Today OASIS announced official approval of version 1.1 of the CMIS (Content Management Interoperability Services) standard. OASIS is the nonprofit, international consortium behind many of the key technology standards in areas related to information management, cloud, privacy, and security.
I’ve been keenly watching the development and adoption of CMIS since its early beginnings in 2006 as an idea incubated by the AIIM iECM standards committee, and then moved to the stewardship of OASIS in 2008, once a critical mass of major vendor support had coalesced. Interoperability has always been an important requirement for ECM systems, not only because most large organizations have multiple systems, often from different vendors, but because business content needs to move, flow, and be accessible to many other essential line-of-business applications.
Interoperability is also finding renewed purpose as content management moves to the cloud, and content must be accessible to users, devices, and apps regardless of whether it is stored on-premises or in a hosted repository. According to the OASIS press release, “CMIS frees content trapped in traditional ‘content silos’ and facilitates ‘content in the cloud’ and mobile computing.”
Two of the new functions supported in version 1.1 are of particular interest to me and my records management/eDiscovery research agenda: support for object “Retention” and support for object “Hold.” CMIS does not itself define records management policies or business rules but is evolving to help support at some of the most basic use cases. An RM application must still define hold and retention rules, but this extension of the interoperability spec now permits these rules to be pushed into the repository layer.
- Retention prevents an object from deletion until the retention is expired or removed.
- Hold prevents an object from being modified until the hold is removed.
I’ve heard some criticism from ECM experts, questioning whether such records management capabilities really belong in CMIS. I believe that these foundational ones do. This evolution at last brings these fundamental information governance concepts out of the silo of RM systems. What’s happened here is not the creep of RM domain-specific functions, but the recognition that these functions are core to ECM.
What’s the potential here? It means we can now open the door to basic manage-in-place capabilities across all types of content and information management applications — even those beyond ECM. Since 2010 we’ve seen adoption of CMIS in web content management systems, collaboration tools, ERP systems, portals, and even BPM systems. Application of basic retention and legal hold rules to content generated by or residing in those applications can now be more locked-down without having to migrate or copy the content into a second repository. As business content and communication is created in web, social, mobile, and cloud apps, a broader reach of basic information governance rules is absolutely needed.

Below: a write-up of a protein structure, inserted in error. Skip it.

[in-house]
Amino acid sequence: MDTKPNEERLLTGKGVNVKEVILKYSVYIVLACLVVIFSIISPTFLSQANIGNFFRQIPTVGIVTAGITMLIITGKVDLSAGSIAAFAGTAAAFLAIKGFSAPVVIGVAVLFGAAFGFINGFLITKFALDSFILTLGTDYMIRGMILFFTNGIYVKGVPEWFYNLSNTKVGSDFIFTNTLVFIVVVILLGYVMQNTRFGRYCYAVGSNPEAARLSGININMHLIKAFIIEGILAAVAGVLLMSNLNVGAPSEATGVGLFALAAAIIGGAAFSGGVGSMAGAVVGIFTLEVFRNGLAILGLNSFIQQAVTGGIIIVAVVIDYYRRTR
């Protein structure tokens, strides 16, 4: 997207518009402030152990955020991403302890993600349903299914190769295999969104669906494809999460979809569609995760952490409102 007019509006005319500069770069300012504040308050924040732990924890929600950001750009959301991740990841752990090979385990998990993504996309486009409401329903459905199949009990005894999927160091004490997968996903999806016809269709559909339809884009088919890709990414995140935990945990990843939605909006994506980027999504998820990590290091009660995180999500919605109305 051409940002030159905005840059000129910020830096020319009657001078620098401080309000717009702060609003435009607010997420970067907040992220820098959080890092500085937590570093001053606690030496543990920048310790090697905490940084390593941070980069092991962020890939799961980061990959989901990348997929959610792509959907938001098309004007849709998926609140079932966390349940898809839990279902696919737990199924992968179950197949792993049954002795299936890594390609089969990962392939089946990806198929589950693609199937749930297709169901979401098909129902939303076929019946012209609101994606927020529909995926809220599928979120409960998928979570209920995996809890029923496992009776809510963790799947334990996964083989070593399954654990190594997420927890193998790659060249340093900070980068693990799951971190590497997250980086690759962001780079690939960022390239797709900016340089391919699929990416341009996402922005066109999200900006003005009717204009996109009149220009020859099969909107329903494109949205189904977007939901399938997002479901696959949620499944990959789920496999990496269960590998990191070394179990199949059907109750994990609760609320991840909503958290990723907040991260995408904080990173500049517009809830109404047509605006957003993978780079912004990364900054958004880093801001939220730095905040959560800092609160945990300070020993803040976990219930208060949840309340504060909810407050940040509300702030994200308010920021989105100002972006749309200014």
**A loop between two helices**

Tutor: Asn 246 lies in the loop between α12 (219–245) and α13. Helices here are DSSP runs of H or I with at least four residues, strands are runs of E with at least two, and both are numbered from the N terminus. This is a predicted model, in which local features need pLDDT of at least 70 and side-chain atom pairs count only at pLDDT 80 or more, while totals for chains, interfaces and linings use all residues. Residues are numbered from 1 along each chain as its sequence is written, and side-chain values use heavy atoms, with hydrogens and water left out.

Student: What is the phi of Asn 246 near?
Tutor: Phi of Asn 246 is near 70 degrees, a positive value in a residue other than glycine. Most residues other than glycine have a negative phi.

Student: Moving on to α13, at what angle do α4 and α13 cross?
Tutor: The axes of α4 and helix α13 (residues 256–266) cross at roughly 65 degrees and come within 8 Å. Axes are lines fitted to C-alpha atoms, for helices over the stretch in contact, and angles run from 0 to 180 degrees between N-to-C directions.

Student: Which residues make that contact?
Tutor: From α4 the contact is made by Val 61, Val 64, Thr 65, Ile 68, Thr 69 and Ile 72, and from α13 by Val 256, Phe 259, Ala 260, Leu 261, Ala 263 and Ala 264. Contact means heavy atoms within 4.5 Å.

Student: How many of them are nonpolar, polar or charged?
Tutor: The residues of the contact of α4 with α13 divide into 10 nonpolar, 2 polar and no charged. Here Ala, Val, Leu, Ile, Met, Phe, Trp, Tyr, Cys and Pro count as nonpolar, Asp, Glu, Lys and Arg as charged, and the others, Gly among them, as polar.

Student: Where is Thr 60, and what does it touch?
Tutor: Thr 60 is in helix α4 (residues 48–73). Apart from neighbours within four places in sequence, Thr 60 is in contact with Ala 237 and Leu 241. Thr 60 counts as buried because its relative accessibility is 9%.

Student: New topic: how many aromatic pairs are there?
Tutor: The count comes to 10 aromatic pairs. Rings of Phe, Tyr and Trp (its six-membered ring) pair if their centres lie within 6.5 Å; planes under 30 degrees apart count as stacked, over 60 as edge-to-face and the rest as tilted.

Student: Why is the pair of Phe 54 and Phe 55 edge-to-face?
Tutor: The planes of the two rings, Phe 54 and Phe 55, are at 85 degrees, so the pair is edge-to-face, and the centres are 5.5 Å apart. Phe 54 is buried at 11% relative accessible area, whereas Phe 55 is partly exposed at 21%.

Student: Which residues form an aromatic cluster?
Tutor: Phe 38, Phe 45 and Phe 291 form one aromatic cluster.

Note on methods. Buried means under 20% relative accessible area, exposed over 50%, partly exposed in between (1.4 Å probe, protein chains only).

Other new functions added to version 1.1 include: type mutability (allowing CMIS clients to update type and property definitions for repositories), better support for very large file uploads by allowing content to be appended in smaller chunks, support for JSON-based bindings for more efficient browser clients, and support for secondary object types (for example, document type has a sub-type of memo).
Forrester asked 179 ECM decision-makers about their overall ECM strategy in our recent May 2013 Global Enterprise Content Management Online Survey. The majority of respondents said their strategy involved standardizing on one ECM suite, or using a standard ECM suite in parallel with Microsoft SharePoint. Thirteen percent of the respondents, however, said their strategy was to allow multiple ECM systems to coexist, leveraging interoperability standards such as CMIS for integration. This is the first time Forrester has asked about CMIS in this strategy question, and it demonstrates that enterprise architects and ECM administrators are becoming aware of its value.
Adoption of CMIS 1.0 has, over the last year, hit the mainstream among ECM vendors. Early adopters back in 2010 when version 1.0 was first ratified were the smaller, more agile, often open source vendors who didn’t have to wait for a two- to three-year development cycle to include support. Today, we see that the majority of influential vendors — large and small, open or proprietary, on-premises or cloud — have implemented CMIS. Even more important is what we’re hearing from our Forrester clients: CMIS is being identified as a central component of an overall ECM strategy in large companies. We’re seeing large global banks as well as public sector agencies lead the way, putting CMIS front and center in their architecture discussions.
Thanks very much to Carol Geyer at OASIS and David Choy, CMIS Technical Committee chair, for their time setting up a very informative briefing for my colleague Alan Weintraub and me. We look forward to hearing specific examples of the new version 1.1 feature adoption by the vendors that we cover, as well as how our large enterprise clients bring CMIS into their enterprise architecture road map.